But the Federal Reserve’s Motion to Dismiss asserts that chartering a bank for marijuana businesses is criminal. “Even transporting or transmitting funds known to have been derived from the distribution of marijuana is illegal,” said the motion. “The court would not entertain other such attempts – such as if Colorado enacted a scheme to allow trade in endangered species or trade with North Korea in derogation of federal laws, and then chartered a credit union to handle the finances for companies conducting such illegal trade.”
The motion also states that the Federal Reserve doesn’t intend to “accept a penny connected to the sale of pot because the drug remains illegal under federal law.” And while the Federal Reserve may not be accepting those marijuana pennies directly, the IRS continues to collect them at the rate of up to 70 percent of gross income, as compared to 30 percent of comparable, non-cannabis businesses. The crippling rate is because, in 1982, the IRS enacted Section 280E to the Tax Code, created to prevent drug dealers from deducting typical business expenses, like payroll, rent and utilities, from business taxes. It states:
“No deduction or credit shall be allowed for any amount paid or incurred during the taxable year in carrying on any trade or business if such trade or business (or the activities which comprise such trade or business) consists of trafficking in controlled substances (within the meaning of schedule I and II of the Controlled Substances Act) which is prohibited by Federal law or the law of any State in which such trade or business is conducted.”
In some cases, the IRS actually levies an additional fine on cannabis businesses for paying taxes in cash -- the only option when banking services are not available.
Cannabis and Schedule I of the Controlled Substances Act
As long as Cannabis remains a Schedule I narcotic on the Controlled Substances Act, enacted in 1970, it is unlikely the challenges to state-legal operations will be addressed.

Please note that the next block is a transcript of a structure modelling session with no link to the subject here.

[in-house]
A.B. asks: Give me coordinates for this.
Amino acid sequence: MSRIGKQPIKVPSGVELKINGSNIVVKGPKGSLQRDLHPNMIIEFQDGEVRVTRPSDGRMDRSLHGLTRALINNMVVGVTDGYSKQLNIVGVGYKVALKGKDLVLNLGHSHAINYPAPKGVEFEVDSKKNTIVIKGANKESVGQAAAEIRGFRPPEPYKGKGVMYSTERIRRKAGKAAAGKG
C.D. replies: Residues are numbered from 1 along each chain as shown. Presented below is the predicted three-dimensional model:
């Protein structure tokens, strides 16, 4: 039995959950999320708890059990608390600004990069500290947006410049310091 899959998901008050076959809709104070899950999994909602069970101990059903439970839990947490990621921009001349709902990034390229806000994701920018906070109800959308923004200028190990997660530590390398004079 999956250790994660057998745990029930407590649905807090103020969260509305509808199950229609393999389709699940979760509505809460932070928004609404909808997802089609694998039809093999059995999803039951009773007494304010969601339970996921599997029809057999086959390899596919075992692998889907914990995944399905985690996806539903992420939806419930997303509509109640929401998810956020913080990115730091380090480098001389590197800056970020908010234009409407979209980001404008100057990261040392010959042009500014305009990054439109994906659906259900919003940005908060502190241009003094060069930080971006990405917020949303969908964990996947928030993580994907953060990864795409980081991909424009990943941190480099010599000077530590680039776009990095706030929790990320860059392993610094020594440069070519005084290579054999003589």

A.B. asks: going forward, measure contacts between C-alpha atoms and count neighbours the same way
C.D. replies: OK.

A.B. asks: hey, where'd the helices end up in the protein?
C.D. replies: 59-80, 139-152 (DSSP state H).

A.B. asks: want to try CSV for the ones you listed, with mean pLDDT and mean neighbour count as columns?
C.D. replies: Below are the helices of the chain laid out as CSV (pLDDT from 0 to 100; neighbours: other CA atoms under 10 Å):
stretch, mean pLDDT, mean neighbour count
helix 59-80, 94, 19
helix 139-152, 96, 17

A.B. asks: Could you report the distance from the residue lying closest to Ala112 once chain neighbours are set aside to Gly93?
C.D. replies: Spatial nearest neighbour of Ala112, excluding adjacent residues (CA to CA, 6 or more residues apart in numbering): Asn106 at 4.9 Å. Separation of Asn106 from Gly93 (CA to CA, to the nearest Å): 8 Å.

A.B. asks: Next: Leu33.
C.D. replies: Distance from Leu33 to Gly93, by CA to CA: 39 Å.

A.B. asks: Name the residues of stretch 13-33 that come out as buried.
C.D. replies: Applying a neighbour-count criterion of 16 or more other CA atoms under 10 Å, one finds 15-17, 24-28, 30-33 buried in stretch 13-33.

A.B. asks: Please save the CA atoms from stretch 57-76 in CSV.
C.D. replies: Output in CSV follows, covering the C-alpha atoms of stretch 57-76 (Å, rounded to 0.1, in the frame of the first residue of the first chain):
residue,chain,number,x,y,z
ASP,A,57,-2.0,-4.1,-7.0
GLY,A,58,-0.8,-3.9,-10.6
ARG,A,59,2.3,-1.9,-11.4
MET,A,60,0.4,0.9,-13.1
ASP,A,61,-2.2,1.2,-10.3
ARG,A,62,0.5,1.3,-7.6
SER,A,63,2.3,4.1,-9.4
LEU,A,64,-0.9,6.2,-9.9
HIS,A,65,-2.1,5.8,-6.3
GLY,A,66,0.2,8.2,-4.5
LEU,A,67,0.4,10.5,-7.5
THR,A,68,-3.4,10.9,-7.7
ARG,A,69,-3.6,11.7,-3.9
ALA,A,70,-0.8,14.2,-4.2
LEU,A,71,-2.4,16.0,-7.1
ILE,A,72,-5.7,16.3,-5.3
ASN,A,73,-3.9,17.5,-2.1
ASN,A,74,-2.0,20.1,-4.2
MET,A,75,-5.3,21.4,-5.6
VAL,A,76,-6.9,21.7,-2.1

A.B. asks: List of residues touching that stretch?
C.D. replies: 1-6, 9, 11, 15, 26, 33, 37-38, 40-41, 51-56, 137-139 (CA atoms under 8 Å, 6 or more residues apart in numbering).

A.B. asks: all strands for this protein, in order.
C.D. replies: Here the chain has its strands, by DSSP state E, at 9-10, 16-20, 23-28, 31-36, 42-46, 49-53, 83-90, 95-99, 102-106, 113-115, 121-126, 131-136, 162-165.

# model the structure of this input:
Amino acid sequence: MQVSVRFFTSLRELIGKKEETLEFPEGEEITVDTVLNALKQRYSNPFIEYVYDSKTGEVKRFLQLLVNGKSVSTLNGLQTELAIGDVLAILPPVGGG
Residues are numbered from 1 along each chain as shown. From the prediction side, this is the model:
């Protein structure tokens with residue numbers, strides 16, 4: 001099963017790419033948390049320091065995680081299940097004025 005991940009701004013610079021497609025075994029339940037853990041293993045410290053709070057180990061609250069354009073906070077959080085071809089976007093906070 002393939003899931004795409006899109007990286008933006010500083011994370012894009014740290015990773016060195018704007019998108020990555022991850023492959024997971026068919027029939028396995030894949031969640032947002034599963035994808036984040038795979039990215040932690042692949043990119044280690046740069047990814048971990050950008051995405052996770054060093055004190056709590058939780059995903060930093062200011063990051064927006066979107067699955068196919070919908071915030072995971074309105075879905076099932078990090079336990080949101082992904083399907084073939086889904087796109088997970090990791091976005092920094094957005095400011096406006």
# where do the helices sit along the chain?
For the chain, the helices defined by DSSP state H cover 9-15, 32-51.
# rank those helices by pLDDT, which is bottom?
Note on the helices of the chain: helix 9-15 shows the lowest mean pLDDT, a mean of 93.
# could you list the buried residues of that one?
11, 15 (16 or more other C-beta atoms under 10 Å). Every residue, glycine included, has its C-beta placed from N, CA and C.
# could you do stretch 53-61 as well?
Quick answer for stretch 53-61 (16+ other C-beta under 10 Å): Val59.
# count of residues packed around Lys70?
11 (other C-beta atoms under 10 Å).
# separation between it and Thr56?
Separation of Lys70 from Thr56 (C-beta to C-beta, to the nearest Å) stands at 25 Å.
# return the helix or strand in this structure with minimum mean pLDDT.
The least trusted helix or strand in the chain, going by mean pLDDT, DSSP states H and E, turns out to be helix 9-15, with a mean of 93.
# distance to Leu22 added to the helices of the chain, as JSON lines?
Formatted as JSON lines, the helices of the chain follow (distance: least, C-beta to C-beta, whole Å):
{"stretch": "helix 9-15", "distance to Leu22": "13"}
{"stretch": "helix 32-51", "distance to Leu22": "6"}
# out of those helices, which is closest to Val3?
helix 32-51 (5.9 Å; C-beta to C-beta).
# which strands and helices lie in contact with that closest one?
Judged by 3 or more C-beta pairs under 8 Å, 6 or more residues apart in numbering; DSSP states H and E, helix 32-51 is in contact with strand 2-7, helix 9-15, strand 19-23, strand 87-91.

To meet the criteria to be considered a Schedule I Controlled Substance, which may not be prescribed by a physician, drugs must meet three criteria:
- The drug or other substance has a high potential for abuse
- The drug or other substance has no currently accepted medical use in treatment in the United States
- There is a lack of accepted safety for use of the drug or other substance under medical supervision.
When cannabis was placed on the list its categorization was provisional---until further research could be done to verify that it did, indeed, produce severe psychological or physical dependence. But despite research that clearly established that cannabis failed to meet each of the three criteria in one way or another, no adjustment was made when the National Commission on Marijuana and Drug Abuse recommended decriminalizing marijuana in 1972.
Since then, legal actions taken by groups like the National Organization for the Reform of Marijuana Laws (NORML) have been unsuccessful, despite numerous calls for rescheduling or de-scheduling entirely from organizations like the American Association of Pediatrics, the Epilepsy Foundation and the American Academy of Neurology. Congressional action has been equally fruitless.
Meanwhile, in California
In a landmark decision on Oct. 20 that illustrates federal regulators’ dissonance regarding marijuana’s status as a Schedule I Narcotic, a federal court in San Francisco ruled that the United States Drug Enforcement Administration (DEA) must stop raiding and shutting down medical marijuana dispensaries that are operating in accordance with state laws.
Until there is a successful path to rescheduling cannabis, the schism between the states and the Feds -- and between divisions of the federal government itself -- will continue to force cannabis producers to make payroll in cash and use armed guards to accompany them on clandestine forays to concealed vaults of profit.